C. Saunders and others
Children and Youth Services Review, vol. 34, 2012, p. 1024-1034
Drastic post-reform reductions in welfare caseloads coupled with recent budget shortfalls at the state level have inspired growing interest in the composition of the group of families receiving cash assistance through the Temporary Assistance to Needy Families (TANF) programme. This study looks at the characteristics of a set of non-traditional families where the child is being brought up by a relative and either both the child and the relative caregiver are receiving cash benefits under TANF or the child is a recipient but the relative caregiver is not. It then compares outcomes and programme utilisation among children and caregivers in relative caregiver TANF cases to those in parental TANF cases. Findings indicate that relative caregivers have service needs that differ from those of parents and that recipient relative caregivers are more disadvantaged than child-only cases.
D. Whitaker and others (guest editors)
Child Maltreatment, vol. 17, 2012, p. 5-112
Evidence-based practices (EBP) have the promise to reduce child maltreatment and improve the lives of families, but effective implementation entails many challenges. However, current research is advancing understanding of the critical contextual factors at the client, therapist, organisation, training and socio-political levels that can increase the likelihood of effective EBP implementation. The articles presented in this special issue are intended to promote further development of implementation science in the child maltreatment field. They cover implementation efforts pertaining to five evidence-based programmes relevant to child maltreatment, prevention and intervention, and address five of the six implementation stages identified by the US National Implementation Research Network (exploration/adoption, programme installation, initial implementation, full operation, and sustainability).
A. Goerres and M. Tepe
Journal of Social Policy, vol.41, 2012, p. 349-372
In Germany, with institutions mainly in the conservative welfare state tradition, the family is traditionally constructed in the locus of childcare. However, since 2002 family policy has been re-orientated to encourage increased fertility and female labour market participation through, among other measures, the expansion of publicly provided childcare. This article analyses determinants of attitudes towards public childcare in East and West Germany. Estimation results from the 2002 German General Social Survey replicated in the 2008/09 European Social Survey can be condensed into three statements. Firstly, regime socialisation is the single most important determinant of attitudes towards public childcare followed by young age as an indicator of self-interest. Family involvement does not have any sizeable impact. Secondly, regime socialisation conditions the impact of some indicators of political ideology and family involvement on attitudes toward public childcare. Thirdly, despite a paradigmatic shift in policy, the dynamics of 2008 mirror those of 2002, highlighting the stability of inter-individual differences in support. The results suggest that the 'shadow of communism' still influences what people in the East expect from the welfare state and that individual difference in the demand for public childcare appears to be highly path dependent.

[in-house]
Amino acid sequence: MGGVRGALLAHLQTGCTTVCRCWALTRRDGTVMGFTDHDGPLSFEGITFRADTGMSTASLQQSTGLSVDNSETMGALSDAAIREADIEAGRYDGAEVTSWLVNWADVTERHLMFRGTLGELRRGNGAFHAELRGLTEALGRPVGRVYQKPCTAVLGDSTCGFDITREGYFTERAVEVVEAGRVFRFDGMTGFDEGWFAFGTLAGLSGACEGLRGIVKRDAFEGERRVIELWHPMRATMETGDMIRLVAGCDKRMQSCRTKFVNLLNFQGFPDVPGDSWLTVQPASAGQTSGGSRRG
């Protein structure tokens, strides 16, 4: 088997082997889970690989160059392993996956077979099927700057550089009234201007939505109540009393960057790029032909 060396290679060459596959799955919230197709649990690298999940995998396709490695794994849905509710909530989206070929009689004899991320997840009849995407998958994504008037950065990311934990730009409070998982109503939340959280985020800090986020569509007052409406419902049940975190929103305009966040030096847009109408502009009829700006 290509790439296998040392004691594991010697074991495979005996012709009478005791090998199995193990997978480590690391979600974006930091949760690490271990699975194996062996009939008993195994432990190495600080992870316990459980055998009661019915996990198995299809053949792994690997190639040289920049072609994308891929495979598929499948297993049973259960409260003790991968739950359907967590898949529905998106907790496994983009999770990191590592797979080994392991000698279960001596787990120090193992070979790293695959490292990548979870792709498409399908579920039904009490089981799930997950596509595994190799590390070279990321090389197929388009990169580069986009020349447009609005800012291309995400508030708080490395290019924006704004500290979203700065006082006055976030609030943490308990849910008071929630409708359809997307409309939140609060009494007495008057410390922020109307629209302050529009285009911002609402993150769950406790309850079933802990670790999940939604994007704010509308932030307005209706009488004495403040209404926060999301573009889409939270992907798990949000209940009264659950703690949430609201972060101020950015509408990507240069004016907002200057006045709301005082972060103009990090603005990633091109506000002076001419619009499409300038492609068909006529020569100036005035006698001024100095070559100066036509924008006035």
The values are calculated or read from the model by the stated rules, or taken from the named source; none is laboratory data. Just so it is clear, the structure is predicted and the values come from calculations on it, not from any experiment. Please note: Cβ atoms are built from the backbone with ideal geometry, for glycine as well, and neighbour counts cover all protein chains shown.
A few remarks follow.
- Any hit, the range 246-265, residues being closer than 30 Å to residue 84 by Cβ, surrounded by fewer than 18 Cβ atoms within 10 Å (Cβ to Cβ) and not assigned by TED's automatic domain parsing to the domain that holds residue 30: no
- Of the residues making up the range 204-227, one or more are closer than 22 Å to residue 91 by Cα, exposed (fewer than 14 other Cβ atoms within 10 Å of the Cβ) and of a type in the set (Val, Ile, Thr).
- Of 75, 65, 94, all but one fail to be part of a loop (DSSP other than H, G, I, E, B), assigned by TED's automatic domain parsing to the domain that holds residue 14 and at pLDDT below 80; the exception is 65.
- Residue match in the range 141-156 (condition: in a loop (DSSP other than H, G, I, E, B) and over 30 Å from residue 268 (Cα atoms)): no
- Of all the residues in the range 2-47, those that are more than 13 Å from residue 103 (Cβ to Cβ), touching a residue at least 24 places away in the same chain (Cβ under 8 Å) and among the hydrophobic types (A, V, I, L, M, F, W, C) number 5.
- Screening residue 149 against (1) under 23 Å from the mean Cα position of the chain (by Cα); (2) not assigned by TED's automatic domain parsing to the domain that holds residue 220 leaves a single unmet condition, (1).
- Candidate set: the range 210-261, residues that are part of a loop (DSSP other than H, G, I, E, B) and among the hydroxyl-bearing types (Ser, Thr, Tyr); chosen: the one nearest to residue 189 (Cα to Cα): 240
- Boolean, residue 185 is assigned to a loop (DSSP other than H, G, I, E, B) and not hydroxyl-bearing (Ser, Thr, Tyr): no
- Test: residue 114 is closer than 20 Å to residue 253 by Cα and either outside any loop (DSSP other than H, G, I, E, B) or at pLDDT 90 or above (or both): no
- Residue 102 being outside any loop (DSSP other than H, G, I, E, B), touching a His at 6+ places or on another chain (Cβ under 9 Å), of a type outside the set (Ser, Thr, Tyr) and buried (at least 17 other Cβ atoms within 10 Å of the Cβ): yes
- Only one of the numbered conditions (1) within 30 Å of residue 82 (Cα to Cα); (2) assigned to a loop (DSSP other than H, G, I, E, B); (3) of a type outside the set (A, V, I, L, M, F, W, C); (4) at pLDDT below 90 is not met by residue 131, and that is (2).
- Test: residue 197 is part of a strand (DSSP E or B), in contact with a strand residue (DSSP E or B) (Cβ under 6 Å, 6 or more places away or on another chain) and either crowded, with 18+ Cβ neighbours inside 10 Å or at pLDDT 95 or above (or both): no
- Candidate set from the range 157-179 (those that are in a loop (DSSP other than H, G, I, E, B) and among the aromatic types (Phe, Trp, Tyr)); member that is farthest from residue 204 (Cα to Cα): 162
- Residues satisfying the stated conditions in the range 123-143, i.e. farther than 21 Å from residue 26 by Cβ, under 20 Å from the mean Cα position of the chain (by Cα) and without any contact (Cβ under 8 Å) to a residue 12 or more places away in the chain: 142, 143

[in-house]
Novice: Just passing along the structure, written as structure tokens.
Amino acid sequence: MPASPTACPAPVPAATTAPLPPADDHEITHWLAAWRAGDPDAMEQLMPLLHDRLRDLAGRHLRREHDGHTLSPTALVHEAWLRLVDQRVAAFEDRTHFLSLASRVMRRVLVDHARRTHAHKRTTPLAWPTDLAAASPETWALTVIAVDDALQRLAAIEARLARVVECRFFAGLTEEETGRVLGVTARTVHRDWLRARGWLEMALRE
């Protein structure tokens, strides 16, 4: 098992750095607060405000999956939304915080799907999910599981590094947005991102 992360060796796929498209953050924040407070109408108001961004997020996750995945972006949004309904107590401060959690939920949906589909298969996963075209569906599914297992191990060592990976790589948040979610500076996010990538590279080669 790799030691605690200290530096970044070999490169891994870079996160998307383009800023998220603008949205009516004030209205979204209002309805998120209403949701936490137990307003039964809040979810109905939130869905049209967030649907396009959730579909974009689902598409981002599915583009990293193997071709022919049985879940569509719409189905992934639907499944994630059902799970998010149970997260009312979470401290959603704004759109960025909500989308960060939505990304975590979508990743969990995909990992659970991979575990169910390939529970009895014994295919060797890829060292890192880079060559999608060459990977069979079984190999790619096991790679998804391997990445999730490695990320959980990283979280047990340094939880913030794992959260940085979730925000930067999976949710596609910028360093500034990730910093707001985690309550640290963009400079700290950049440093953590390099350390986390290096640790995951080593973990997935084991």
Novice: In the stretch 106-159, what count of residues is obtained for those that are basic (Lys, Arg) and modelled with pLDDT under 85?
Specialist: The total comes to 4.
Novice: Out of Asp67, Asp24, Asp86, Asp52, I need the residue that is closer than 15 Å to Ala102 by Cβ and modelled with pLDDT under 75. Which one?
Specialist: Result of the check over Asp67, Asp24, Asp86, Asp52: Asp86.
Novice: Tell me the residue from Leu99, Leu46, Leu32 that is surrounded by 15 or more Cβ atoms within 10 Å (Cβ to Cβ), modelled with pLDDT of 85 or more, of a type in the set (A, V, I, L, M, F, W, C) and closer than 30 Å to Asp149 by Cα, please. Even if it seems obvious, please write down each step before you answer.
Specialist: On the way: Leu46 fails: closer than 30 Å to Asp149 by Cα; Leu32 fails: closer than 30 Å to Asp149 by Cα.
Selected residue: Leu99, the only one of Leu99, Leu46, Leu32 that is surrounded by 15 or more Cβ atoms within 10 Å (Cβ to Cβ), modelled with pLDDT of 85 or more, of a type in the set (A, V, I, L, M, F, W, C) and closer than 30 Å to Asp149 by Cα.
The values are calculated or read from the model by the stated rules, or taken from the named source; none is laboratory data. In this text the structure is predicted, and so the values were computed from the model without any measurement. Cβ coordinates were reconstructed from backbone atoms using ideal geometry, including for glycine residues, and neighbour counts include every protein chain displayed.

P. Fronek and D. Cuthbert
International Journal of Social Welfare, vol. 21, 2012, 215-224
International legal frameworks for the regulation of intercountry adoption do not focus on prevention of adoption, nor do they include socioecological perspectives in a holistic way. Rather they focus on enabling the safe practice of intercountry adoption as a legitimate mode of caring for individual children. This article proposes a paradigm shift in the conceptualisation of intercountry adoption that does not respond to the needs of families and communities to one that includes prevention.
W. Shera and K. Dill
Research on Social Work Practice, vol.22, 2012, p. 204-213
Practice and Research Together (PART) aims to promote the understanding and use of evidence-informed practice in the child welfare system in Ontario through the dissemination of research findings to practitioners. This article presents an overview of the evolution and implementation of the programme, and the results of an evaluation. It is noted that after three years, PART has had only a modest impact on changing practice behaviours. Frontline practitioners reported that they had little time or resources to use the programme materials; supervisors stated that they supported the concept of evidence-informed practice, but lacked the skills to move the ideas forward; and executive directors requested more evidence to promote organisational change.